April 6, 2016
“If you don’t know the kind of person I am
and I don’t know the kind of person you are
a pattern that others made may prevail in the world
and following the wrong god home we may miss our star.”
– William Stafford, From “A Ritual to Read to Each Another”
March 22, 2016
A couple of weeks ago I was a participant in a SSIR webinar on network leadership. I spent my air time talking about Food Solutions New England as an example of a social change network that has been leveraging authenticity, generosity and trust to address issues of racial inequity in the food system. In telling the story, I realized that much of it amounts to a gradual process of shedding layers and “making the invisible visible.” Specifically, it has been about making visible power and privilege, connection and disconnection, tacit knowledge and diverse ways of knowing, and complex system dynamics. As a result, many in the network sense we are now in a better position to build from what we have in common, and that it is more likely that the vision of a vibrant, equitable and eco-logical food system will be realized. Read More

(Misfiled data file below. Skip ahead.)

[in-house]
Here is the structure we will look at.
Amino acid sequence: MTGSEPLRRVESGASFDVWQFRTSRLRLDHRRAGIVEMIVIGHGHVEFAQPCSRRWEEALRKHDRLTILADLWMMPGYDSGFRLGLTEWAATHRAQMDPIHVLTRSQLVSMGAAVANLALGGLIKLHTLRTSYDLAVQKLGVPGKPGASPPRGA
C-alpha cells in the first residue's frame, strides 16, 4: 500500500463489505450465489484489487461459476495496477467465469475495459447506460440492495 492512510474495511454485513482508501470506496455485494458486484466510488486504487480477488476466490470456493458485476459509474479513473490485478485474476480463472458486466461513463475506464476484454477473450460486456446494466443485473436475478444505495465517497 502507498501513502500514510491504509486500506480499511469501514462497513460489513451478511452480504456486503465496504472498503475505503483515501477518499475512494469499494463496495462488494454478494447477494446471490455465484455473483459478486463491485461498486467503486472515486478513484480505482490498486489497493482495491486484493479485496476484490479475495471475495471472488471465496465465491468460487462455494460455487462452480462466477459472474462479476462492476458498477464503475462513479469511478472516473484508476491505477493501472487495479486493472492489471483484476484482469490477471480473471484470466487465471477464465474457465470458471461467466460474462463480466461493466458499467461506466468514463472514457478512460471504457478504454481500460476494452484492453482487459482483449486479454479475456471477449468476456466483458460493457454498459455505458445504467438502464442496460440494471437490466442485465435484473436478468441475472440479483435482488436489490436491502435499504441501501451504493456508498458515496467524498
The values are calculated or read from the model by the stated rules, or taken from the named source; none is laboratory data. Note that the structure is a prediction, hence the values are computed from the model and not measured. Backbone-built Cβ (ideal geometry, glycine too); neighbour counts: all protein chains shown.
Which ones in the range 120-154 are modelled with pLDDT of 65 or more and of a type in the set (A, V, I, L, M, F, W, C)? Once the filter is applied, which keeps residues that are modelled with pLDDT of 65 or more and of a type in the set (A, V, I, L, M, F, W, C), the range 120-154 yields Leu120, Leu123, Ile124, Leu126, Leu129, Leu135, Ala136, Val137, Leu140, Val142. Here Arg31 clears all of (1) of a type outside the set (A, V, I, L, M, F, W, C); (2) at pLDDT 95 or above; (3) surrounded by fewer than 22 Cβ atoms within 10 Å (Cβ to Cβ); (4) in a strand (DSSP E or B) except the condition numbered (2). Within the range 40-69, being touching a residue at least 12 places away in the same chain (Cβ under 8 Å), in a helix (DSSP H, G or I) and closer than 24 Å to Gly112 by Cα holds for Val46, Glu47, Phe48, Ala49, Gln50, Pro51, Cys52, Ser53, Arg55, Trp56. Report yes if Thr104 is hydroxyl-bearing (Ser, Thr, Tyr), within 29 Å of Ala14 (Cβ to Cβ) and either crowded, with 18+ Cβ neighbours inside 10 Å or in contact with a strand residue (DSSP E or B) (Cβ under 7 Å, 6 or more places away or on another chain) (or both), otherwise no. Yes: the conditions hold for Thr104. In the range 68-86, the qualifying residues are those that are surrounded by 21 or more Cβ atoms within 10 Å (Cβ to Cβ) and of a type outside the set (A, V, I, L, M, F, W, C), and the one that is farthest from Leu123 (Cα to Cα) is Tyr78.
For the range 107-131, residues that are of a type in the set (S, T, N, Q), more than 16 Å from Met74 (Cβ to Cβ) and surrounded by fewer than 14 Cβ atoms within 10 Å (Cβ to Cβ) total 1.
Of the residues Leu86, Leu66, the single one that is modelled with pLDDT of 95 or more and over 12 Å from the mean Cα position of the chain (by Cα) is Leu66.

Not long ago, at a gathering of the Food Solutions New England Network Team, one member, Dorn Cox, told the story of a farmer who has become renowned for the health of his soil. Remarkably, the soil health consistently increases, due to on-farm practices created over years of close observation and experimentation. This is significant as it has boosted the quality of the farm’s produce, reduced the need for and cost of inputs (helping to increase revenues), increased the soil’s ability to handle extreme precipitation and dry conditions brought on by climate change, and mitigates carbon release.
This accomplished practitioner has subsequently been sought out by academics and has served as lead author on numerous peer reviewed academic articles about his soil health practices. Dorn then relayed that the farmer recently reported that because of academic protocols he cannot get access to the very articles he has co-authored. Dorn punctuated his story with the lesson that:
To support learning, equity and resilience, knowledge wants and needs to be free and accessible.
This is a key principle for leveraging networks to make change. In the old world, knowledge was owned and proprietary. But in this increasingly volatile world, to help people be adaptive to change, there is need for robust flows of information that are equitably generated and accessible. This was a lesson learned by professor Anil K. Gupta, before he started the Honey Bee Network in India.
By his own admission, Dr. Gupta had been engaged in the practice of extracting information from people that served his own or purely academic purposes, without ensuring that the information made it back into the hands and minds of practitioners. He realized that “on efficiency and ethical grounds,” this could not continue. Read More